Tuesdays With Morrie
Imagine waking up one day and discovering that you have a fatal disease – you are going to die. What would you do with your days left? The book “Tuesdays with Morrie”, written by Mitch Albom, was published in attempt to raise money to afford Morrie’s disease. But at the same time, it was Mitch’s final thesis with his old professor. “Learn how to die, and you learn how tolive”, Morrie emphasizes. He taught his greatest lesson as a professor – a lesson about life. He realizes that facing death is necessary to understand the purpose of life.
It was not until Morrie discovered he had ALS that he started questioning about life. And from there on he focused his last days on trying to understand the purpose of life. As soon as Morrie hears the news, he questions,“Shouldn’t the world stop? Don’t they know what has happened to me?” (Mitch Albom p8). It shows how shocked and in denial he was, especially when he says “shouldn’t the world stop”. By saying that he makes it clear that he wants the world to see “what has happened to him” as it would somehow change what happened. But later on he learns that it wouldn’t. And that despite the fact he was desperate to find away to save his own life and not face death, there was nothing he could do. Throughout the process, Morrie reminds himself of his moments of exuberance when he was sure about himself, as nothing could ever happen to him. That’s when he realizes, “If you accept the fact that you can die at any time – then you might not be as ambitious as you are” (Albom p83). His “acceptation” opens his mind tosee things from a new perspective. He defends that if people really believed the fact that they “can die at any time”, they would do and see things differently. They would not be as ambitious as they are with work, money, power. Instead, they would search for affection. Morrie discovers that by facing death life changes and so does the way you see it.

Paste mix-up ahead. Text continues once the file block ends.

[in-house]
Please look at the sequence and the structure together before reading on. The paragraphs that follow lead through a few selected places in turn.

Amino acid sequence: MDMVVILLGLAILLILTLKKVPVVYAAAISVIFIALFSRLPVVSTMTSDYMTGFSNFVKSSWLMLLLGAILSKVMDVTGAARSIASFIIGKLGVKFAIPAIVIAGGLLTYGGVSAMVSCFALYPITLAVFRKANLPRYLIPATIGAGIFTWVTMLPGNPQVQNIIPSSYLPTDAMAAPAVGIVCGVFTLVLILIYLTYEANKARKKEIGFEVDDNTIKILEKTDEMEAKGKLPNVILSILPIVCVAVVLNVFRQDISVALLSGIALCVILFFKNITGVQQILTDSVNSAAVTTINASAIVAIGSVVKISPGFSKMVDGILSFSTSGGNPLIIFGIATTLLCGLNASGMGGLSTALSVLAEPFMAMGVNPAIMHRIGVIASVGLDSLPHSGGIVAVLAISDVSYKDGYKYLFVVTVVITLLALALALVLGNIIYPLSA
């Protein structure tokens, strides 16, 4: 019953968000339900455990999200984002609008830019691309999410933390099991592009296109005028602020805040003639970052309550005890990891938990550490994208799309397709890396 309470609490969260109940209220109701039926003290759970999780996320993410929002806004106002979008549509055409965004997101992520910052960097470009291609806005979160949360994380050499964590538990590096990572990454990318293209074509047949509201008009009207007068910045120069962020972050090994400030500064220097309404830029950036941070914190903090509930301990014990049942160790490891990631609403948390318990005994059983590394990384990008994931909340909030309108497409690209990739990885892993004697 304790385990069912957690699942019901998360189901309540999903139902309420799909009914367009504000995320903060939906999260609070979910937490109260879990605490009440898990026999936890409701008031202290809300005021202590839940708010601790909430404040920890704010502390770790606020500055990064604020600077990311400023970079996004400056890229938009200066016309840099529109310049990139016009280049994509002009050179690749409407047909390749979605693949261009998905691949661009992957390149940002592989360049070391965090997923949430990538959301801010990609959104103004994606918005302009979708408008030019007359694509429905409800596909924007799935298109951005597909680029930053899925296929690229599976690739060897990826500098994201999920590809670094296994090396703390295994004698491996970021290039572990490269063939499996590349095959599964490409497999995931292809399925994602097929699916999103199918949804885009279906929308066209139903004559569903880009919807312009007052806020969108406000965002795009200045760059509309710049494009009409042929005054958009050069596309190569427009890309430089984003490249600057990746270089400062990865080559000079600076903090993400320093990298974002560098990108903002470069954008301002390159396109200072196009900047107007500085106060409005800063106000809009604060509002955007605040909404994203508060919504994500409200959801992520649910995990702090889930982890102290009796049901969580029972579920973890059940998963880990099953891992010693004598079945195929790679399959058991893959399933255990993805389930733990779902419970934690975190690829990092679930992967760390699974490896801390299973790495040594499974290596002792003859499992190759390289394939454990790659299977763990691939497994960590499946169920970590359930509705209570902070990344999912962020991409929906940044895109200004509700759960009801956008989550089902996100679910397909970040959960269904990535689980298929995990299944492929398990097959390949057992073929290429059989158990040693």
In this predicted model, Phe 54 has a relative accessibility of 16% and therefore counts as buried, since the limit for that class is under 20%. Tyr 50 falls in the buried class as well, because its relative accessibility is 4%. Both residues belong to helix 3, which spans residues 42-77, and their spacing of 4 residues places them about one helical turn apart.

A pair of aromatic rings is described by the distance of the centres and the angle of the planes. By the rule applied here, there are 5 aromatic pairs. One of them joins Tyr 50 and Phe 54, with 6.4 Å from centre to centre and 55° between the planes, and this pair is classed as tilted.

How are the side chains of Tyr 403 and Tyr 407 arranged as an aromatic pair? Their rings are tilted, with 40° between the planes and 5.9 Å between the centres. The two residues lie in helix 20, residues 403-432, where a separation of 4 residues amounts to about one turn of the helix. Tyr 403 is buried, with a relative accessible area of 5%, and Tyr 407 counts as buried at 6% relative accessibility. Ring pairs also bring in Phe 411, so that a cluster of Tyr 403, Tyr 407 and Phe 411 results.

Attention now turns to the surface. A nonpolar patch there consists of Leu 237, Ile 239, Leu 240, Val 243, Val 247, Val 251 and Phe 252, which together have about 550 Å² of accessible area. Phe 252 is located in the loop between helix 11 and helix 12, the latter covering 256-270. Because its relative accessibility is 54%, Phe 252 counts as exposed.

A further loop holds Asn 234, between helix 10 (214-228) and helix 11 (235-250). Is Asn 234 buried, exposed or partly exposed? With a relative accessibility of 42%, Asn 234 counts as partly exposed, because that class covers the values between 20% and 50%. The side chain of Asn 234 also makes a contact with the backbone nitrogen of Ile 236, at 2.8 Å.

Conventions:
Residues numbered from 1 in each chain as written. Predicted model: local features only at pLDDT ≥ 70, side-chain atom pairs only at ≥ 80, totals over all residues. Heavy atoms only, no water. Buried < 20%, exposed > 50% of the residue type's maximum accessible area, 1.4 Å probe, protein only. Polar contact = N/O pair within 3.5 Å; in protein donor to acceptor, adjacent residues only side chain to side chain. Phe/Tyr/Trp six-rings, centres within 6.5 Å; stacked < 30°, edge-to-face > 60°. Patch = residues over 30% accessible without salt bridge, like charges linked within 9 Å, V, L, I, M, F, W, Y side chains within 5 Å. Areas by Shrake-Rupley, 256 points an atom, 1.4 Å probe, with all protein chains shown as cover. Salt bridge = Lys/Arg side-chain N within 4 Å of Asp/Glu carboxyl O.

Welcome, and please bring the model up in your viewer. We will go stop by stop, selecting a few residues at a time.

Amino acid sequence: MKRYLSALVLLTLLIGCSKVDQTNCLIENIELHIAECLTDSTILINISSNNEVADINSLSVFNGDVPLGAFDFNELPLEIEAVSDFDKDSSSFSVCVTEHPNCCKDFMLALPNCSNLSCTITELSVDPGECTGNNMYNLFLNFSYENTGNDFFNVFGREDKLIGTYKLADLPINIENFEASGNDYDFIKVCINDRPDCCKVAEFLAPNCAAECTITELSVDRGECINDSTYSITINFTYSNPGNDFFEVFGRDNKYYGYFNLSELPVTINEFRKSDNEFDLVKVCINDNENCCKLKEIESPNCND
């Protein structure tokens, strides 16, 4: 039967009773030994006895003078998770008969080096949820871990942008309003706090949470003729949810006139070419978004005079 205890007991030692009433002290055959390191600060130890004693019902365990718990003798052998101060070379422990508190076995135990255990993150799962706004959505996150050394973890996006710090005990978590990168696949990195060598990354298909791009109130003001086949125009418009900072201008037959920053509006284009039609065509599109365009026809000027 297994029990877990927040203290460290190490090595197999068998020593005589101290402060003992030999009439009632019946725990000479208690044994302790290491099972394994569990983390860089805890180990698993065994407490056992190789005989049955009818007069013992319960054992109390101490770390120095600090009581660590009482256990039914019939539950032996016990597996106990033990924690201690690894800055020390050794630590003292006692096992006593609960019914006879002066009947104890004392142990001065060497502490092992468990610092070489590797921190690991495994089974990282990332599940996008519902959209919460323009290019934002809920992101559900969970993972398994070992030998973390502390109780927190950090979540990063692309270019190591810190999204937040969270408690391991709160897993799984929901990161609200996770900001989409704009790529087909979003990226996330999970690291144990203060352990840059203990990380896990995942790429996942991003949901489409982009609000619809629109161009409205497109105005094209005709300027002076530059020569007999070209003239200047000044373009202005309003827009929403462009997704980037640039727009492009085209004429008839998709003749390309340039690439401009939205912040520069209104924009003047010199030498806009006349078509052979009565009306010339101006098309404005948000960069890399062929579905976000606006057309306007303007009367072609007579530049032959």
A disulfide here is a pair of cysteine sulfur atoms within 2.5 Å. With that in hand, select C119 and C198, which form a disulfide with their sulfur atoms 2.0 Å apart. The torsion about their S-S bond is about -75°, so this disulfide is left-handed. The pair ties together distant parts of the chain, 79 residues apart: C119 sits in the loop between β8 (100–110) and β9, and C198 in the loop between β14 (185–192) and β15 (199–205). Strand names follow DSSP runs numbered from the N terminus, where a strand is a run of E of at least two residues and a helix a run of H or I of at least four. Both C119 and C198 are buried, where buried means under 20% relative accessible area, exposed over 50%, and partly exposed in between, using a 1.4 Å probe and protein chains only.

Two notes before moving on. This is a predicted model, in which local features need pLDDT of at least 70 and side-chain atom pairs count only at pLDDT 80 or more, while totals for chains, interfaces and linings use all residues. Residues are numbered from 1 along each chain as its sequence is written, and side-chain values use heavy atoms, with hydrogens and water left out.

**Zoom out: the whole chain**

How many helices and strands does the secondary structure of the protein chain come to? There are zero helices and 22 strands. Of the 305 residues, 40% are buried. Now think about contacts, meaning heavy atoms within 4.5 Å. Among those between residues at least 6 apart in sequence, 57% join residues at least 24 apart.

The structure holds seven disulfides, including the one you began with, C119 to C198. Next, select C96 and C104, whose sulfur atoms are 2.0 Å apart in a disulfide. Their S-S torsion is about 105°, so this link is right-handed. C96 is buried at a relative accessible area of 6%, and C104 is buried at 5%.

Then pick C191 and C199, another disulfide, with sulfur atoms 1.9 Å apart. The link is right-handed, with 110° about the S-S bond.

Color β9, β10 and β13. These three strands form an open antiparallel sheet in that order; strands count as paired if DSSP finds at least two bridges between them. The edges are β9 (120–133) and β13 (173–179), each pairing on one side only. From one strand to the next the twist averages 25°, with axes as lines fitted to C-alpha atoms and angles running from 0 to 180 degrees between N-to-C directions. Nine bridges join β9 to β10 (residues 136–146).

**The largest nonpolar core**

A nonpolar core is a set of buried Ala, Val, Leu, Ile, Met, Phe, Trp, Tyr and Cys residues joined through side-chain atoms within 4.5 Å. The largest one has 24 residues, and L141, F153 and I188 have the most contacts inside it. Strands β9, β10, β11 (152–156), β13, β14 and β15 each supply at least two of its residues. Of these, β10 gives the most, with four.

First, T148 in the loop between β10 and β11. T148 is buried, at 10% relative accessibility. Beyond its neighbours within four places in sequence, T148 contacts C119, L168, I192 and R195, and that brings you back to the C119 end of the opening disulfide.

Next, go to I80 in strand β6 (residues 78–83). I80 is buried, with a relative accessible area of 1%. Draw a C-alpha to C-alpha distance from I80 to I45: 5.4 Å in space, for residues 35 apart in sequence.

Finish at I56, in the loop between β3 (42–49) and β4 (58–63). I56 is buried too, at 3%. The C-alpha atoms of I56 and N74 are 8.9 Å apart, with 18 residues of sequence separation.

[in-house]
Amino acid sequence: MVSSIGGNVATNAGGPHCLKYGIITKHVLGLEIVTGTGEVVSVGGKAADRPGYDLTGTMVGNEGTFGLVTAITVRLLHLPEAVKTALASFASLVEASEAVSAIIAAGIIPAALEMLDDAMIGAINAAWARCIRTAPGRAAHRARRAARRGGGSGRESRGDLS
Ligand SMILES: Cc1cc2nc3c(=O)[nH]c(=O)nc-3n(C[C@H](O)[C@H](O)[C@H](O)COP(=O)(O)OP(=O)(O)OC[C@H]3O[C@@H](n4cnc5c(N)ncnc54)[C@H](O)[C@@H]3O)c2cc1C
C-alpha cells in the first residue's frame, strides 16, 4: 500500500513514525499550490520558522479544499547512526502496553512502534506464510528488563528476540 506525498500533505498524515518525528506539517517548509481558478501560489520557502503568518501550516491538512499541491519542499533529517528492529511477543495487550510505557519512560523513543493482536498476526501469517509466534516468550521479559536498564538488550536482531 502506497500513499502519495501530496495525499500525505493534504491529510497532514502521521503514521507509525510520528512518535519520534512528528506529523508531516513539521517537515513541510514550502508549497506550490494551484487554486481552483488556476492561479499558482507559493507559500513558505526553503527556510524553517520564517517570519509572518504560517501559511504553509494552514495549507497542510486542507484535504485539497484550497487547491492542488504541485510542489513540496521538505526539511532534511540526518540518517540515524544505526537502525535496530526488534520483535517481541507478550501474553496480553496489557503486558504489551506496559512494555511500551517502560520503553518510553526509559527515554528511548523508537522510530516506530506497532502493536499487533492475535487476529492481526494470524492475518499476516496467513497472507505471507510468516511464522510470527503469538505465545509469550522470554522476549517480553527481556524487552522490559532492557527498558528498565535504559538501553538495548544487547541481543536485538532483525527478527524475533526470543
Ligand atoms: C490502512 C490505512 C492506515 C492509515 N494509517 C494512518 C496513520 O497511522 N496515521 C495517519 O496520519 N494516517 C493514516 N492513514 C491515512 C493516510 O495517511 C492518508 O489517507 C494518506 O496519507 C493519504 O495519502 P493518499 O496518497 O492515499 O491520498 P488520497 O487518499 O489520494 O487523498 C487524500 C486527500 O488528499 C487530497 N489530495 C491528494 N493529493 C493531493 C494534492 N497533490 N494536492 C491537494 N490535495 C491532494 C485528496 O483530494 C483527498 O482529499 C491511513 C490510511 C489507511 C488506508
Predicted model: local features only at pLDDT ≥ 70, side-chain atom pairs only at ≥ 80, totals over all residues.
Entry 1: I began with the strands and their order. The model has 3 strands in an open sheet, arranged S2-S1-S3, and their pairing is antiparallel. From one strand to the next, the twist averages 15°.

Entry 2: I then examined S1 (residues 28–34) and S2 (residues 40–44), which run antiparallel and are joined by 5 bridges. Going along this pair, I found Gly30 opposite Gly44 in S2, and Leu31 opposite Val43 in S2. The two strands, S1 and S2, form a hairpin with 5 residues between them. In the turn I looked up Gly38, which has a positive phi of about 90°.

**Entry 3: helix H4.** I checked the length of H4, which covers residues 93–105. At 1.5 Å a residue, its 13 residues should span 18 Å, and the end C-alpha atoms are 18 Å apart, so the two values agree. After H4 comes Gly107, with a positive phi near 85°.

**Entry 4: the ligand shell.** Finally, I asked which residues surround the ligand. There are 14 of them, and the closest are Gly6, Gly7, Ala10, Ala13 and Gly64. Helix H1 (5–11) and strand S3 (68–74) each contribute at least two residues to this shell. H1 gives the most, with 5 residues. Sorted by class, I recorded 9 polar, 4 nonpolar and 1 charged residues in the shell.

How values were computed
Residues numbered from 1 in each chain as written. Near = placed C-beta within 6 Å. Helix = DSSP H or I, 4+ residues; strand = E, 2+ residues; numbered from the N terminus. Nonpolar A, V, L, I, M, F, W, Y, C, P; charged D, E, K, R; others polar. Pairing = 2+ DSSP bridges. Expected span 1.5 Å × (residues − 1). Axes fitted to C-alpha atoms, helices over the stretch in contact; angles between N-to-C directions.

One of the major things that changes, onceMorrie is facing death, is what he prioritizes. Even though he was the kind of person who had always valued life, everything intensifies once he knew those were his last days. In one of his lessons, he talks about money and how all those material things will not substitute the feeling of being loved, or gentleness, or the sense of comradeship. He starts realizing the purpose of some things in life.Morrie says, “Money is not a substitute for tenderness, and power is not a substitute for tenderness. I can tell you, as I’m sitting here dying, when you most need it, neither money nor power will give you the feeling you’re looking for, no matter how much of them you have” (Albom p125). When he says “I can tell” he assures us that he knows what he is talking about because he is about to die and no“money” in the world could change this. He also uses both words “money” and “power” twice, in a way to emphasize that being ambitious – to those kinds of things – will not add anything in your life, and will not save you when you need “no matter how much of them you have”. But affection and emotions will, if you let them fill you. That is another point that Morrie makes once death is coming. Hedefends the Buddhists thought that we don’t have to cling to things because everything is impermanent. He says, “But detachment doesn’t mean you don’t let the experience penetrate you. On the contrary, you let it penetrate you fully. That’s how you are able to leave it” (Albom p103). In this quote, Morrie clearly explains the importance of feeling and then “detaching”. When he says that you haveto let the “experience penetrates you fully” so you “are able to leave it”, he means that by throwing yourself into these emotions you are able to experience them deeply. And after knowing them completely you are able to detach and experience some new ones. You are able to change.
Morrie ends up being proof that there is no problem with contradicting yourself. He was in constant change....
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